The highly unusual, fully half-round shape of this fan places the viewer precisely at the center of the composition, the main lines of its components radiating outwards from that point. The artist’s success in creating naturalistic forms within a convincingly deep pictorial space in a small-scale format is a stunning achievement. Further, the warm-cool color scheme running throughout the painting, arranged in a formalized alternation for abstract rather than merely naturalistic purposes, allows a breath of summer to emanate from the scene.
Buson was born and raised in Osaka. By the age of nineteen he had moved to Edo and after his teacher’s death in 1742, traveled throughout the Kantō and Tōhoku regions. After almost ten years of roving, Buson settled in Kyoto and for three years lived in Buddhist monasteries and was active primarily as a poet creating a most original lyric world but continued to study painting, learning from the treasures of Chinese and Japanese art held in temple collections. Further travels continued to inspire his work and upon his return to Kyoto in 1757, he determined to live as a professional painter, including in his repertoire works in the literati or Nanga school manner. Buson combined his instinct to travel with accepting commissions from various quarters to support himself and his family. More deeply involved than ever in the world of poetry, Buson was considered a leader among the haiku poets of the time and in 1771 he worked together with Ike Taiga (1723-77) to produce an album illustrating the “Ten Conveniences and Ten Pleasures of Rural Living” that is one of the masterworks of later Japanese painting. The present “Mountain Retreat in Summer,” dated to 1773, shares with that album a preference for portraying soft foliage in a casual manner that creates the impression of an intimate relationship between the artist and his subject, predating the more expressionistic works of his later period.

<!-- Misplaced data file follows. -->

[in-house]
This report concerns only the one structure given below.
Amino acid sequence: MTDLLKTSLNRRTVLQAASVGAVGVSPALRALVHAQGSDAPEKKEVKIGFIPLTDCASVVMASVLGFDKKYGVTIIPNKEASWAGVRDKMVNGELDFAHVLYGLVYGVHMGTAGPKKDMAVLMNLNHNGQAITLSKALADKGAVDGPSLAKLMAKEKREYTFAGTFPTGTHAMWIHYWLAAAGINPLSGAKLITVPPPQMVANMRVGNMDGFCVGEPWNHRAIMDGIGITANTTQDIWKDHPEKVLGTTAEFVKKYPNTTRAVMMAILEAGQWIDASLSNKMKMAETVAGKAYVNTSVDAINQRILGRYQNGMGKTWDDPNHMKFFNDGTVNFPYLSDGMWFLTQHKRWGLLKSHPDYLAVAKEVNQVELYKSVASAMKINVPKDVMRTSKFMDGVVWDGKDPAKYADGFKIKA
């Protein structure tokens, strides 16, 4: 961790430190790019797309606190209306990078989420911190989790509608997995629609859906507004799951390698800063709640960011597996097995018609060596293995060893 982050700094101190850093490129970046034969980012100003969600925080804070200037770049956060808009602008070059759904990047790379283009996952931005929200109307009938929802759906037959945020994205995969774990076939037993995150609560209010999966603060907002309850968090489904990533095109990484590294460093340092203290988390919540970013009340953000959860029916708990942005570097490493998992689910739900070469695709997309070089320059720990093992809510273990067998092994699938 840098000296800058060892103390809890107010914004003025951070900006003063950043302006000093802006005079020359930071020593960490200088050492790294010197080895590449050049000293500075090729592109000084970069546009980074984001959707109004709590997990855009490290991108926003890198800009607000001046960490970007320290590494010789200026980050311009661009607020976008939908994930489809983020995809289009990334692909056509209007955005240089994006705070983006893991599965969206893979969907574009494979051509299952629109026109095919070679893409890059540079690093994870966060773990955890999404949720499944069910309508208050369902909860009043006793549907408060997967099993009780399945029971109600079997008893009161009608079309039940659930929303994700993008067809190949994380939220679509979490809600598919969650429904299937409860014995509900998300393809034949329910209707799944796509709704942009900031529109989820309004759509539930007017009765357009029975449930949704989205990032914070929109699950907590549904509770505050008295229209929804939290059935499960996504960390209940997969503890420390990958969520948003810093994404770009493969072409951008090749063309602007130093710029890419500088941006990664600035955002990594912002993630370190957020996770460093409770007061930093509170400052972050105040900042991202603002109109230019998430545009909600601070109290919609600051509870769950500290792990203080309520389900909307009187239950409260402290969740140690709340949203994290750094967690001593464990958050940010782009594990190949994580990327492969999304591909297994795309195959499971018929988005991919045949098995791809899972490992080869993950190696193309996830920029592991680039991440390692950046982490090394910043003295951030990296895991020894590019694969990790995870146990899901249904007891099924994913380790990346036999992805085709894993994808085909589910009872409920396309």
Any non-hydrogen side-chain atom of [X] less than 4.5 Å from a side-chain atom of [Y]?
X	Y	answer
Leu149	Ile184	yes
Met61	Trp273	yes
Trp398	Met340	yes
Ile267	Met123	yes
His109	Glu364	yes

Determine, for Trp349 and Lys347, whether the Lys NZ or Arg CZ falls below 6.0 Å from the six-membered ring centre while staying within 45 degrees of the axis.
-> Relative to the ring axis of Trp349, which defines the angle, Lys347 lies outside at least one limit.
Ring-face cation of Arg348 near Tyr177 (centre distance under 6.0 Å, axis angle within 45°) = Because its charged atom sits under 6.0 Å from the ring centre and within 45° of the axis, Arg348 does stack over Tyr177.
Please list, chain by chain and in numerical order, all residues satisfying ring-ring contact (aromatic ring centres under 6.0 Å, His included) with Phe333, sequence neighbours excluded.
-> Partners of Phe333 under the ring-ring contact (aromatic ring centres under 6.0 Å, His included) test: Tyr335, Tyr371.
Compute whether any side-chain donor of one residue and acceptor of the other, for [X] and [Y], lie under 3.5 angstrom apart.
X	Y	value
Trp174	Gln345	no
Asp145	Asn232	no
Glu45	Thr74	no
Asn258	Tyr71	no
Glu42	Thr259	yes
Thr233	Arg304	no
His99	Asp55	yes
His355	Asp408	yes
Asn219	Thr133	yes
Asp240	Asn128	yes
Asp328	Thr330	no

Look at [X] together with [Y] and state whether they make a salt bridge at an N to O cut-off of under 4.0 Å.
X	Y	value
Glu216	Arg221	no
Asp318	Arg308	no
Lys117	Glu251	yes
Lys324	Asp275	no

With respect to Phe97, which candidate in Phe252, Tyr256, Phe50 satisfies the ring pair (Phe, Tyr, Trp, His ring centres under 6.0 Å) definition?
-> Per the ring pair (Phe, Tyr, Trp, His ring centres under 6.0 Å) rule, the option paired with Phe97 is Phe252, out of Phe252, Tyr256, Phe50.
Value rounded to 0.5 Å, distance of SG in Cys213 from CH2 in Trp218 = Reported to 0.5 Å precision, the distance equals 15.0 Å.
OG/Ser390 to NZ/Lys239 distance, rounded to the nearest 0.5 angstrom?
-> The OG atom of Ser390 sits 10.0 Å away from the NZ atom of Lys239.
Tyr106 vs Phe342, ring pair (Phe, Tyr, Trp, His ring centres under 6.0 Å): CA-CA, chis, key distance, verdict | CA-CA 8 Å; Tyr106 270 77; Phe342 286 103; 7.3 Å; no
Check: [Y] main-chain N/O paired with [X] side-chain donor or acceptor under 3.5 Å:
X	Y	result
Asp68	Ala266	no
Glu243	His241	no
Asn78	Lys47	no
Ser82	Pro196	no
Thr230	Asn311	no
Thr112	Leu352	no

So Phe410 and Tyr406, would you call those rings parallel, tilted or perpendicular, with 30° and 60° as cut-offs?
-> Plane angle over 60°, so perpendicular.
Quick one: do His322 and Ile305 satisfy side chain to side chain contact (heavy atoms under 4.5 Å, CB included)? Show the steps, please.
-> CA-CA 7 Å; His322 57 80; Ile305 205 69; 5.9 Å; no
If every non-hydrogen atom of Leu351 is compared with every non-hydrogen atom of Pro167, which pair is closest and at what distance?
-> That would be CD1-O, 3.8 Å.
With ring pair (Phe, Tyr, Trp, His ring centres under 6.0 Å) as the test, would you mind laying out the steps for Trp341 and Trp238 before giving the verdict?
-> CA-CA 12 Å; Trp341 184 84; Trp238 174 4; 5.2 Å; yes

Biographical and critical material on Yosa Buson is voluminous and well-summarized, along with insightful comparative material, in vol. XII of Kaikodo Journal, “Scholarly Premises,” Autumn 1999, pp. 166-167 and 284-288.